SINGAPORE - Fort Canning Park will be the venue of the island's main bicentennial showcase next year, and in an early birthday gift, the park on the hill will be spruced up from March.
Plans for it include the recreation of three historical gardens, a new heritage museum, the creative reproduction of an ancient, forgotten spring as well escalator access from Fort Canning MRT station to the hill's peak These changes, which are permanent and part of the National Parks Board's (NParks) ongoing efforts to inject life to the site, coincide with the bicentennial commemoration.
The commemoration, led by the Prime Minister's Office, will be marked by a year-long calendar of events in 2019, culminating in an exhibition harnessing technology that highlights the island's various milestones. It will be sited at the Fort Canning Centre.
The announcement was made by Minister for National Development and Second Minister for Finance Lawrence Wong on Saturday (Feb 3).
The works will span eight hectares of the historic 18-ha hill. Fort Canning is the second largest park in the city, behind the Botanic Gardens, which has 82 hectares.
NParks said the project will improve accessibility, especially for the elderly and disabled. It will also install two sheltered sets of escalators to connect Fort Canning MRT station to the hill's peak. A covered roof will be added to the escalators that now link the park to Stamford Green.
Pedestrian crossings and connections from nearby buildings such as the National Museum and the redeveloped Park Mall will be added too.
In his speech, Mr Wong said the impression is that Fort Canning is difficult to access. "Fort Canning is really an integral part of the long history of Singapore, way before independence. We want to ensure that its stories continue to be remembered. That's why we have plans to enhance Fort Canning," he said.
To pay homage to the forbidden spring, where royal women once bathed, NParks will erect a water feature and stone murals on the western part of the hill, where it likely once stood.
Fort Canning Park director Koh Poo Kiong said the aim is to create a focal point "to depict the significance of water to the site back in the day".
According to old records, the stream later supplied fresh water to ships stopping at the port until 1830, when it dried up. Mr Koh added that the feature could also serve as a backdrop for traditional dances.
A dedicated heritage museum is also set to open at the three-storey conserved Fort Canning Centre, originally constructed as British army barracks in 1926.
Private art museum Singapore Pinacotheque de Paris moved out last year.
The new museum will cover the history and natural history of the area through the 14th, 19th and 20th centuries. Space will be dedicated to hosting workshops and other programmes as well.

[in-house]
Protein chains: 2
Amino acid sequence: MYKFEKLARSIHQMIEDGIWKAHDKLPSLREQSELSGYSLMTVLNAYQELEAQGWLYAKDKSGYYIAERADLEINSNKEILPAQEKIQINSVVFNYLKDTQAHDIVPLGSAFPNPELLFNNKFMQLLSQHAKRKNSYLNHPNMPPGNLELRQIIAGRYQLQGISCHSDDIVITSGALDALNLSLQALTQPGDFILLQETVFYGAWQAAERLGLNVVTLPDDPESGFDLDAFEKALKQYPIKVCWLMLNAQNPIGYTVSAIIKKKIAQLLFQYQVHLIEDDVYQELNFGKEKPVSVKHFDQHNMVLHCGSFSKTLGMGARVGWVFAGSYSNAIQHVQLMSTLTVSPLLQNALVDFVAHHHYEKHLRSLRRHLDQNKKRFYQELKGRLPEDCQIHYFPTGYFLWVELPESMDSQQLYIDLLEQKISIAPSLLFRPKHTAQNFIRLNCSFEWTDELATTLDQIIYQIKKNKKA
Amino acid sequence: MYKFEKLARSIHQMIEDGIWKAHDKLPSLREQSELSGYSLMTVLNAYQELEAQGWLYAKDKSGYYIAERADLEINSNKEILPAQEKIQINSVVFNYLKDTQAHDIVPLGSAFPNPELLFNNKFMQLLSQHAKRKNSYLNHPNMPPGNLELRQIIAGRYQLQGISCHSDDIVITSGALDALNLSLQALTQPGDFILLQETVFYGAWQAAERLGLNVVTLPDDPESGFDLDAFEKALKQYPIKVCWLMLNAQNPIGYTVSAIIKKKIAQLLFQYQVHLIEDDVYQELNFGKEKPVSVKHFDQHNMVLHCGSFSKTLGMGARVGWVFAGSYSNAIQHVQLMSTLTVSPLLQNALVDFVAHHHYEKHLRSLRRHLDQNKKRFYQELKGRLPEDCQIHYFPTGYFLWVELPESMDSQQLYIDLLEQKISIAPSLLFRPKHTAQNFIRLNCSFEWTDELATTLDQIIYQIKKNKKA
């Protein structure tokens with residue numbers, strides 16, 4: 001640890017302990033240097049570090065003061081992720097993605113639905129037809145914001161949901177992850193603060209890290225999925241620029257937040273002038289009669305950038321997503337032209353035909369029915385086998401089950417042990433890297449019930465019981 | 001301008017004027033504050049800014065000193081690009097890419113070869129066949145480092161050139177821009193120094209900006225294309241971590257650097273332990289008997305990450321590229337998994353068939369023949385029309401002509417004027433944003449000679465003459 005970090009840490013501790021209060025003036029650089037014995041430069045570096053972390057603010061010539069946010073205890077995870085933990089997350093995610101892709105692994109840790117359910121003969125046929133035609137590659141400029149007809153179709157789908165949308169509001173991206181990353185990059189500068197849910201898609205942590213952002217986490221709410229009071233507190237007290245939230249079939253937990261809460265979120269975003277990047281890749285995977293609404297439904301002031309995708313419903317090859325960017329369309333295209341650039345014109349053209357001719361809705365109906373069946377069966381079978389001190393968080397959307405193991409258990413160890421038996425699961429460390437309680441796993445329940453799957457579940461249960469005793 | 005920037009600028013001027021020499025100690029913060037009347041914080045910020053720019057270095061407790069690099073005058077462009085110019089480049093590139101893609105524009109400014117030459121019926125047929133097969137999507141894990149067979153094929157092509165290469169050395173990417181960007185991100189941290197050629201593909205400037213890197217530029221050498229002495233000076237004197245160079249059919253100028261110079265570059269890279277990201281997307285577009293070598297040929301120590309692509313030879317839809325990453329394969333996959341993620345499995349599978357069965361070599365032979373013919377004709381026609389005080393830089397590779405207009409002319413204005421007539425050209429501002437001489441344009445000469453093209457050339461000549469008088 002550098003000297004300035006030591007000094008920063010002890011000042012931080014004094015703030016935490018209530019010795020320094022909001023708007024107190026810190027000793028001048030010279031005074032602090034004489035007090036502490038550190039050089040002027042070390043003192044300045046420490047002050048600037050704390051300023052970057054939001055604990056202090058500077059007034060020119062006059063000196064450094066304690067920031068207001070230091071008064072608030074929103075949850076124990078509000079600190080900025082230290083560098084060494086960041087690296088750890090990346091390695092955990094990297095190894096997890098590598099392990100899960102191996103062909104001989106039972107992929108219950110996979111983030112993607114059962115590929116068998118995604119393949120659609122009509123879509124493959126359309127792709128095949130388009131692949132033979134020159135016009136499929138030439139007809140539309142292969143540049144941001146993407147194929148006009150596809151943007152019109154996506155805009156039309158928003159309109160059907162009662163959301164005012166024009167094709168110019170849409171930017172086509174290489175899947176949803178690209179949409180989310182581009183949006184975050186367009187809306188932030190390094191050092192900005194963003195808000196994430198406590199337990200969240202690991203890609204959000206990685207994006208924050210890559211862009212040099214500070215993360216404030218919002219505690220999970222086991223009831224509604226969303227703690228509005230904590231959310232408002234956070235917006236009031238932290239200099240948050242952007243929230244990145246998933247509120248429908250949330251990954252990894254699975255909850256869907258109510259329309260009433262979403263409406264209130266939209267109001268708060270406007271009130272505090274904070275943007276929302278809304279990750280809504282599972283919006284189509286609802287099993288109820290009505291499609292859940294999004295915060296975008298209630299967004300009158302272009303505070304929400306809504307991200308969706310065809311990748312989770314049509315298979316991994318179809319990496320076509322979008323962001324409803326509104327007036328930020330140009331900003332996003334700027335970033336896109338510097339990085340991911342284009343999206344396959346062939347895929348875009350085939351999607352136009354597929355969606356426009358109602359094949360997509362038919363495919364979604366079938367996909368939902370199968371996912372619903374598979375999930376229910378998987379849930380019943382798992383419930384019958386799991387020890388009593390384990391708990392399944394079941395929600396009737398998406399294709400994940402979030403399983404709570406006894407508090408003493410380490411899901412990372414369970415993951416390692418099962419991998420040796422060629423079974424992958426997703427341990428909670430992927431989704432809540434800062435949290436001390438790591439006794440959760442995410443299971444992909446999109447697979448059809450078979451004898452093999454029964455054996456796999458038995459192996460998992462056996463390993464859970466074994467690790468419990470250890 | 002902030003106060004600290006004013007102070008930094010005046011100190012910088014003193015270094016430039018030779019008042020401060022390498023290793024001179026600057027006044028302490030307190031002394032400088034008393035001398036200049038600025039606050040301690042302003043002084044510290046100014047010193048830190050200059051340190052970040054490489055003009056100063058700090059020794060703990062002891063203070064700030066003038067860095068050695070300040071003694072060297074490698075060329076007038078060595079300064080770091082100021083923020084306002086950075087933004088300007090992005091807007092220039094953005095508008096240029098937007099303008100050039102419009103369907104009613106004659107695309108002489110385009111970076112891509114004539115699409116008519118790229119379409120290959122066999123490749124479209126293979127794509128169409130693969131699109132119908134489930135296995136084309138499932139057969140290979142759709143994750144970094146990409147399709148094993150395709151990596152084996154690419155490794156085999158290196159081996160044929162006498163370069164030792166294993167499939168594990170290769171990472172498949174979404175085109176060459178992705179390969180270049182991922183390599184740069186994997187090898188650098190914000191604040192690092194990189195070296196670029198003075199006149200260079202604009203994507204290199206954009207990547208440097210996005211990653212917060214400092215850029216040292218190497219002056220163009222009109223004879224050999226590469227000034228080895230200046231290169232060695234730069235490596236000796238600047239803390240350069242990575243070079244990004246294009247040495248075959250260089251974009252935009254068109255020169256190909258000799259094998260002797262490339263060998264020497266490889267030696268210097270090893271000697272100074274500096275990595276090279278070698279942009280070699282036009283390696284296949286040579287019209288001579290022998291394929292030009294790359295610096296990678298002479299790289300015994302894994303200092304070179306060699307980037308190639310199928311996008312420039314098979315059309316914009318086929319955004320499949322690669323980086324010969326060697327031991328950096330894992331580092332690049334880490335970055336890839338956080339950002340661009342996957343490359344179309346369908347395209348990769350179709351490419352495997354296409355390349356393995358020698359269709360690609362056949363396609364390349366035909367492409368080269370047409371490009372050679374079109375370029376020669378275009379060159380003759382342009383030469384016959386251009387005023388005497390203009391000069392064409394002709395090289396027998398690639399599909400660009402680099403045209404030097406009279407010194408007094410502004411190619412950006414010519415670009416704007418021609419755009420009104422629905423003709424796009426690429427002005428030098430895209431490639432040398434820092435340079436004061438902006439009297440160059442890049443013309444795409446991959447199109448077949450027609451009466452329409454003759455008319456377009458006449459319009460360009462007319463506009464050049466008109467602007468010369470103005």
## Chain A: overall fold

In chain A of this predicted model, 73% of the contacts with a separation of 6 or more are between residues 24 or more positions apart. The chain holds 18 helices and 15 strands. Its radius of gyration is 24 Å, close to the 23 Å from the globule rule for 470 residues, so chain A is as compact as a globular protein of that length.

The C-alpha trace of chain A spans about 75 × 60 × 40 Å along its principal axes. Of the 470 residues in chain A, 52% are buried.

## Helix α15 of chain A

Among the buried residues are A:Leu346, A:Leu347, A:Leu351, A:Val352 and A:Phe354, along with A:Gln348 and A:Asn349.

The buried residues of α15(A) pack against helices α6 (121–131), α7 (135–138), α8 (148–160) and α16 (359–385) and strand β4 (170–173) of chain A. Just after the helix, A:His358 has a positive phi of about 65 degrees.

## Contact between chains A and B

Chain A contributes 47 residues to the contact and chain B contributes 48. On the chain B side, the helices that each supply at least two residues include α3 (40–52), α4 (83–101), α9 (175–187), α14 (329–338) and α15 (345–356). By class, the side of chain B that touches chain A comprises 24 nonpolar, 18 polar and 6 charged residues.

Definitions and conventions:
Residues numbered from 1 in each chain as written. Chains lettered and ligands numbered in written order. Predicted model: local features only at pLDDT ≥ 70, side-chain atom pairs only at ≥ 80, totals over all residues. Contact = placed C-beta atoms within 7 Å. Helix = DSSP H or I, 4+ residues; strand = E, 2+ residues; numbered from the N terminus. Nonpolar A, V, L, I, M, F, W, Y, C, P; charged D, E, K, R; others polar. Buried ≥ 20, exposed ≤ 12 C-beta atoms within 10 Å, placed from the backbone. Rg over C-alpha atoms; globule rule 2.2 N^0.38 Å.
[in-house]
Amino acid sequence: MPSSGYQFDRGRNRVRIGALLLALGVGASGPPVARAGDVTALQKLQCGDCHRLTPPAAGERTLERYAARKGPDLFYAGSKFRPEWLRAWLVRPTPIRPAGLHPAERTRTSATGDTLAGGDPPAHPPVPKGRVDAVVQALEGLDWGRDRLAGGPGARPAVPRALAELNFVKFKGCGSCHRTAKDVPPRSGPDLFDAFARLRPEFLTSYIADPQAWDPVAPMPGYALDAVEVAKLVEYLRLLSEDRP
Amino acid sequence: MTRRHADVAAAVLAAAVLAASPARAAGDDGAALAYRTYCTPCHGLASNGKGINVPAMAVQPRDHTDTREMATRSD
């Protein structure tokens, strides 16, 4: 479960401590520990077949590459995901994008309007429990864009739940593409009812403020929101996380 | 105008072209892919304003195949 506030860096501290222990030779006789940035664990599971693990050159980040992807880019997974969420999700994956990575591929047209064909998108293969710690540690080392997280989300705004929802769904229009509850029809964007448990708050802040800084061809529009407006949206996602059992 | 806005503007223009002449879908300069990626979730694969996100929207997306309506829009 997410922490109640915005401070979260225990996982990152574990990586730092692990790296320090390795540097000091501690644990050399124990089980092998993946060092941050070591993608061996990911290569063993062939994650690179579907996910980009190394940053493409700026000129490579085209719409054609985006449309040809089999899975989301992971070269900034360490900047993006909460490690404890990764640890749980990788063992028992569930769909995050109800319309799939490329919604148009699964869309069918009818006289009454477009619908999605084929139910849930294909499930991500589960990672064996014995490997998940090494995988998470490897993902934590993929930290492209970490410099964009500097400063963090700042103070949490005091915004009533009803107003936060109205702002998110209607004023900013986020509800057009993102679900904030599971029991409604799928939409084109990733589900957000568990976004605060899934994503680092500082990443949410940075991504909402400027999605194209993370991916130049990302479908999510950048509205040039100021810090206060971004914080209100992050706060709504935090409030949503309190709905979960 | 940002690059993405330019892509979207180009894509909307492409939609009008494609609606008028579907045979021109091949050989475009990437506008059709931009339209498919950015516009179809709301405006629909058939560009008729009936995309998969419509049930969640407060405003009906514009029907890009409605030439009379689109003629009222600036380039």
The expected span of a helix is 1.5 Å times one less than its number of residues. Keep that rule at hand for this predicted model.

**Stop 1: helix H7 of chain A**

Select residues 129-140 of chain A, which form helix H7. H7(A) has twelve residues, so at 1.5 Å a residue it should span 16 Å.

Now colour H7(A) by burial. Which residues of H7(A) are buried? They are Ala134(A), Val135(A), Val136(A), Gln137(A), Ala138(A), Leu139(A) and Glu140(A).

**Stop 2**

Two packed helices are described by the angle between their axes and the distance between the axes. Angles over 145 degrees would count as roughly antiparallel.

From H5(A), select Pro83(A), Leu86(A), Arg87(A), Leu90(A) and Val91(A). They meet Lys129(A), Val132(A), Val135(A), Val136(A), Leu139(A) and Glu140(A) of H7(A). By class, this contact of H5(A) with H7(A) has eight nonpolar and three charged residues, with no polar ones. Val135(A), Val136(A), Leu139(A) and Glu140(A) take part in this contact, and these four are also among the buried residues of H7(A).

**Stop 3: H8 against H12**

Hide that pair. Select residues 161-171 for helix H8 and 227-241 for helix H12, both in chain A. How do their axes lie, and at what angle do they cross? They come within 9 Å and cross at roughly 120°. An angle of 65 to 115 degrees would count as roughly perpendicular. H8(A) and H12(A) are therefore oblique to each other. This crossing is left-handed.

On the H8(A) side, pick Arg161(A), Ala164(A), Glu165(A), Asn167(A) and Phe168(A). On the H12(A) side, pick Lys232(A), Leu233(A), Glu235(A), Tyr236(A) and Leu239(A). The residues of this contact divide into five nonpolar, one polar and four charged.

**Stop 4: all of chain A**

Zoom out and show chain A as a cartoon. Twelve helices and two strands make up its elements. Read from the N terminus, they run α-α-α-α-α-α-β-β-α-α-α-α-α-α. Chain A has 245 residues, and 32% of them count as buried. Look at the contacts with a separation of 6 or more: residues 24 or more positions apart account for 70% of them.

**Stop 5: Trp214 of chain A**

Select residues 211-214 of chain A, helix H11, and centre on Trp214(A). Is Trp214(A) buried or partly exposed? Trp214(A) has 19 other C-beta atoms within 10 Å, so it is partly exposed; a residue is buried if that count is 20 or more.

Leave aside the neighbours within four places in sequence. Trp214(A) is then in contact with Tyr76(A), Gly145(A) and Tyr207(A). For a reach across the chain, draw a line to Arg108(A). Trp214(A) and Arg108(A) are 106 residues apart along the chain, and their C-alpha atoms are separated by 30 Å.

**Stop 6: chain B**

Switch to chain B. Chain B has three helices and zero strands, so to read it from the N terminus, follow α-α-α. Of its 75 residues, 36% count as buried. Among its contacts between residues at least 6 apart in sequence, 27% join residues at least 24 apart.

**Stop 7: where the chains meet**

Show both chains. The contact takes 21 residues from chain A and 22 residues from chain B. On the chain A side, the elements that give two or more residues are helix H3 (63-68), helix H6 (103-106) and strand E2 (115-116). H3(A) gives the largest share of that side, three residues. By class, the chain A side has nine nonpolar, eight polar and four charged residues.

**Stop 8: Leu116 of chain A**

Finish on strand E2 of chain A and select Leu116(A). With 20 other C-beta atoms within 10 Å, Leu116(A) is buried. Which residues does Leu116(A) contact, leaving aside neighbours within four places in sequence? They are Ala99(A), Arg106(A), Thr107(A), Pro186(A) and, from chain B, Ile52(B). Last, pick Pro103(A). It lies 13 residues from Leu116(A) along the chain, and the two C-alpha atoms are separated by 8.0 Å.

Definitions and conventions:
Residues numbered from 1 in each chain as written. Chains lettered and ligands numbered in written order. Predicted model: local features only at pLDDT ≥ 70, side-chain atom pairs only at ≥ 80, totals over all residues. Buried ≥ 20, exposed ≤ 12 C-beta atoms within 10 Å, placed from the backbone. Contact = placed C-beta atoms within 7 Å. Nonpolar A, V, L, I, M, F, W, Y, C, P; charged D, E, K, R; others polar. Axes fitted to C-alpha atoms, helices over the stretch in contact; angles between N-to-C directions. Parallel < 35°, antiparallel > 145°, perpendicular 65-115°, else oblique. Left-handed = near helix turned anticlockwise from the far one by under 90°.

Artefacts such as jewellery, ceramics and coins dug up from various archaeological excavations conducted by archaeologist John Miksic since 1984, are expected to be one highlight of the museum. NParks said it will be consulting historians and the National Heritage Board for the project.
As a nod to the heritage landscapes of times past, NParks will be developing three new gardens in and around Fort Canning Park.
1. The Royal Garden, which will face Stamford Road, will showcase plants such as jackfruit and rambutan, as well as gardenias, jasmines and magnolias. These were observed at the hill by the second British resident in Singapore, John Crawfurd, in 1822 as evidence of a 14th century palace garden.
2. The second garden will be planted in a part of Armenian Street, which will be partially pedestrianised by the middle of this year. This will re-create the island's first urban botanic garden, which Sir Stamford Raffles established, on the eastern slope of Fort Canning Hill in 1822.
There, NParks will plant spices introduced to Singapore between the 1820s and 1840s, such as clove and nutmeg, as well as custard apple and chiku fruit trees.
These trees and shrubs will be planted along Hill Street, Victoria Street, Bras Basah Road, Handy Road and Canning Rise, which formed the boundaries of the original Botanic Garden.
3. The third garden, to be named Jubilee Park, will be sited within the park, at the junction of River Valley Road and Clemenceau Avenue. The public can look forward to play areas for children, cafes, an outdoor theatre space and an event lawn for art installations, artist markets and performances.
The cost of the project has yet to be pinned down, said NParks.
On average, approximately 900,000 visitors visit the national park in a year.
Fort Canning Hill, which offers sweeping views of the city, was originally known as Bukit Larangan or Forbidden Hill. It has undergone multiple phases of development and many changes of use throughout history.
Heritage blogger Jerome Lim, who visits the hill at least twice a month, said he welcomes the move to pay homage to days long gone and preserve the past through landscaping works and minor additions. He added that any intervention must be sensitively executed.
He said: "It is important to retain its rustic and green feel of the place as it is truly a green lung in the city."
NParks will also be curating again its existing heritage trails of the site.
It said the public can share their feedback at a public exhibition held at the Fort Canning Centre from today (Feb 3) to Feb 11 or online at www.nparks.gov.sg/fortcanning.
Works will be done progressively and completed by June next year (2019).